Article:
Best. Bond. Ever.
James Bond films have always given a pretty sheen to the world, turning it into a place where a smooth, suave tuxedoed secret agent faced off against a colorful array of villains and psychopaths hellbent on destroying the world or some such nonsense. Bond was a cartoon. Pretty to look at, never a hair out of place, always holding a vodka martini ("Shaken, not stirred") and ready with an apropos, witty one-liner.
The world is not pretty, however, and for the first time, James Bond has recognized that fact. The world is full of dirty, ugly people who do dirty, ugly things, and James Bond is one of them. He doesn't exist to flash a bright smile while some diabolical villain unveils his dastardly plan. He exists so that you can sleep at night.
Casino Royale opens in grainy black & white (digital video?) and you immediately know that this isn't your father's Bond. In fact, Daniel Craig's 007 would wipe the floor with each and every previous incarnation of the character. Daniel Craig isn't Sean Connery. He isn't Pierce Brosnan. He's better.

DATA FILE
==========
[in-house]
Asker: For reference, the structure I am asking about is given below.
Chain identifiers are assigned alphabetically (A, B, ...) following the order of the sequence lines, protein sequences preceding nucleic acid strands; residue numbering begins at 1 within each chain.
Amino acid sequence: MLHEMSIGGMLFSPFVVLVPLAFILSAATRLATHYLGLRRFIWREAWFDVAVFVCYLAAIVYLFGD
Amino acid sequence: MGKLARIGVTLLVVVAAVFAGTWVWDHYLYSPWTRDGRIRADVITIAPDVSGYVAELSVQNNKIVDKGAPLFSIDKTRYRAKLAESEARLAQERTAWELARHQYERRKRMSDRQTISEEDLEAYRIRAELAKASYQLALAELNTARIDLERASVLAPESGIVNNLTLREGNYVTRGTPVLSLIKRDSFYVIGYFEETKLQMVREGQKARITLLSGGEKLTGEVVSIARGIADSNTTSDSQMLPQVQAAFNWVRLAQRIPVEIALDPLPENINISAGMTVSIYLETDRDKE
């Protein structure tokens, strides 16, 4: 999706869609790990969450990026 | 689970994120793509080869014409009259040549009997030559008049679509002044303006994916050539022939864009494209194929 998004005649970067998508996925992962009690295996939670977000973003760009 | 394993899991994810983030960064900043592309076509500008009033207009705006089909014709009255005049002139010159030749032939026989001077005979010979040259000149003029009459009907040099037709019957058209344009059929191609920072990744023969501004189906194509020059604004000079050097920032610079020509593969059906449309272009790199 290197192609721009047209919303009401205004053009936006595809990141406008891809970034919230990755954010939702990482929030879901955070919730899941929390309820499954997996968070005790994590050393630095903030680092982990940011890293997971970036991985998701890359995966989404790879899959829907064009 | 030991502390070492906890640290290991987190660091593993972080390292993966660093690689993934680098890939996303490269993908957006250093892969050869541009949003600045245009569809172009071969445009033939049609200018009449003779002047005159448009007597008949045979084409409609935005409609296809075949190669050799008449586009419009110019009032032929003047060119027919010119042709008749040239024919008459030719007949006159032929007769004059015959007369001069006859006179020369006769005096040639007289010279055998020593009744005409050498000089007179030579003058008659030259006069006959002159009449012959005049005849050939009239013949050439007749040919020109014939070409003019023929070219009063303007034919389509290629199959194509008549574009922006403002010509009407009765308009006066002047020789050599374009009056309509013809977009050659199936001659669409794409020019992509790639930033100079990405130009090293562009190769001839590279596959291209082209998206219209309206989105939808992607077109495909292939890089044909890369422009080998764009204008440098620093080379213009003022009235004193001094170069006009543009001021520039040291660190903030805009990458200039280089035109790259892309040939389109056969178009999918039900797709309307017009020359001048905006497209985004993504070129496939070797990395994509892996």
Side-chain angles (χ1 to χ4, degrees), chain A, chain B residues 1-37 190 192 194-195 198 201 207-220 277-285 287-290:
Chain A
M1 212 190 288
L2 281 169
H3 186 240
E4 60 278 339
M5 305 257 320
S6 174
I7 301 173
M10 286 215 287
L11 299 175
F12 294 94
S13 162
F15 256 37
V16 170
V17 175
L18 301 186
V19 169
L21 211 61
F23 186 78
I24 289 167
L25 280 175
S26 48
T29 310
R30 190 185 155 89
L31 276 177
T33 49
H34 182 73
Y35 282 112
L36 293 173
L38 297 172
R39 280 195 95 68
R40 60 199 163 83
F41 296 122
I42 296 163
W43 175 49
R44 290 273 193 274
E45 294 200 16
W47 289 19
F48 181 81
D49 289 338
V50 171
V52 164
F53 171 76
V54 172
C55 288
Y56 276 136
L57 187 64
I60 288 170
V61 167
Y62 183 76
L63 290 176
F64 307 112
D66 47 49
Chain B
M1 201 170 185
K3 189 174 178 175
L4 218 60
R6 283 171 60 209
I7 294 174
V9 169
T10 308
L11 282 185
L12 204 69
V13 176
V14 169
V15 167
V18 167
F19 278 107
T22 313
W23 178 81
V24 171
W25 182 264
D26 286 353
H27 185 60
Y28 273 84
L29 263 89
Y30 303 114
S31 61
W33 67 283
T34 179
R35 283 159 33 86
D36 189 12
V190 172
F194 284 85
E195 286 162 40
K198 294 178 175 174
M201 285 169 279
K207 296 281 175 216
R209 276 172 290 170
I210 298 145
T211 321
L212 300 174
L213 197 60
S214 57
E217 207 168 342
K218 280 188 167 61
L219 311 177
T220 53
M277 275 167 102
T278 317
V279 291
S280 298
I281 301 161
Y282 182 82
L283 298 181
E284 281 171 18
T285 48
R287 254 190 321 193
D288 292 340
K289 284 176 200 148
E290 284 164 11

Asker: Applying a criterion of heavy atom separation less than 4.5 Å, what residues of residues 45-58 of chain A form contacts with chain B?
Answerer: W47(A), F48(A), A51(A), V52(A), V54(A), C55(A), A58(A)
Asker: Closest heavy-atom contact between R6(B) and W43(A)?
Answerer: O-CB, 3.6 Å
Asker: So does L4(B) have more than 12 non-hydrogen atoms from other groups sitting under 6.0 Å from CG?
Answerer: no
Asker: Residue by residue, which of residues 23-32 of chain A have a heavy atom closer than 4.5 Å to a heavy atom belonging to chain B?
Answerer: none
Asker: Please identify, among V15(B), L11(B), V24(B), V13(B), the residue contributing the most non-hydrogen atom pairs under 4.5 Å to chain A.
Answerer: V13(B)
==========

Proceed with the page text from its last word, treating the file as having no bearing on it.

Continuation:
This Bond is bloody and brutal, and viciously efficient. He doesn't pull punches. There is no twinkle in his soul-piercing blue eyes. (Yes, this Bond is blonde and blue-eyed. Deal with it.) He is cold. Unemotional. At least, that's what M wants him to be. What she needs him to be.
There is so much right in this film, I don't know where to begin. Daniel Craig is absolutely perfect for this role. And Eva Green, as Her Majesty's Accountant Vesper Lynd, is drop-dead gorgeous. Jaw-droppingly gorgeous. Jeffrey Wright makes a brief, but important cameo as the CIA's Felix Leiter, a man whom one day Bond will call his best friend. I look forward to his return in future installments. And Judi Dench's M, well, she's Judi Dench.
There are no gadgets in this film. No John Cleese as the clumsy-but-kindly Q. Bond is back-to-basics here. Guns. Knives. He is, as M describes him, a blunt instrument. He is a force of nature.
The car is nice. An Aston Martin DBS. It's rather a shame, really, what they do to it.
Honestly, the only negative thing I can think to mention is the theme song by Chris Cornell, of Soundgarden and Audioslave fame. It doesn't fit. It's too...much. Too loud. Then again, since they are introducing a young, brash, hothead of a Bond, perhaps subtlety was not what they had in mind. Still, it's out of place with the tenor of the film.
I wouldn't mind seeing this one again. I think this might be the first Bond film I truly loved, as opposed to simply liked or enjoyed. Sean Connery was the first. Pierce Brosnan, a worthy (eventual) successor, but Daniel Craig...Daniel Craig is Bond. James Bond.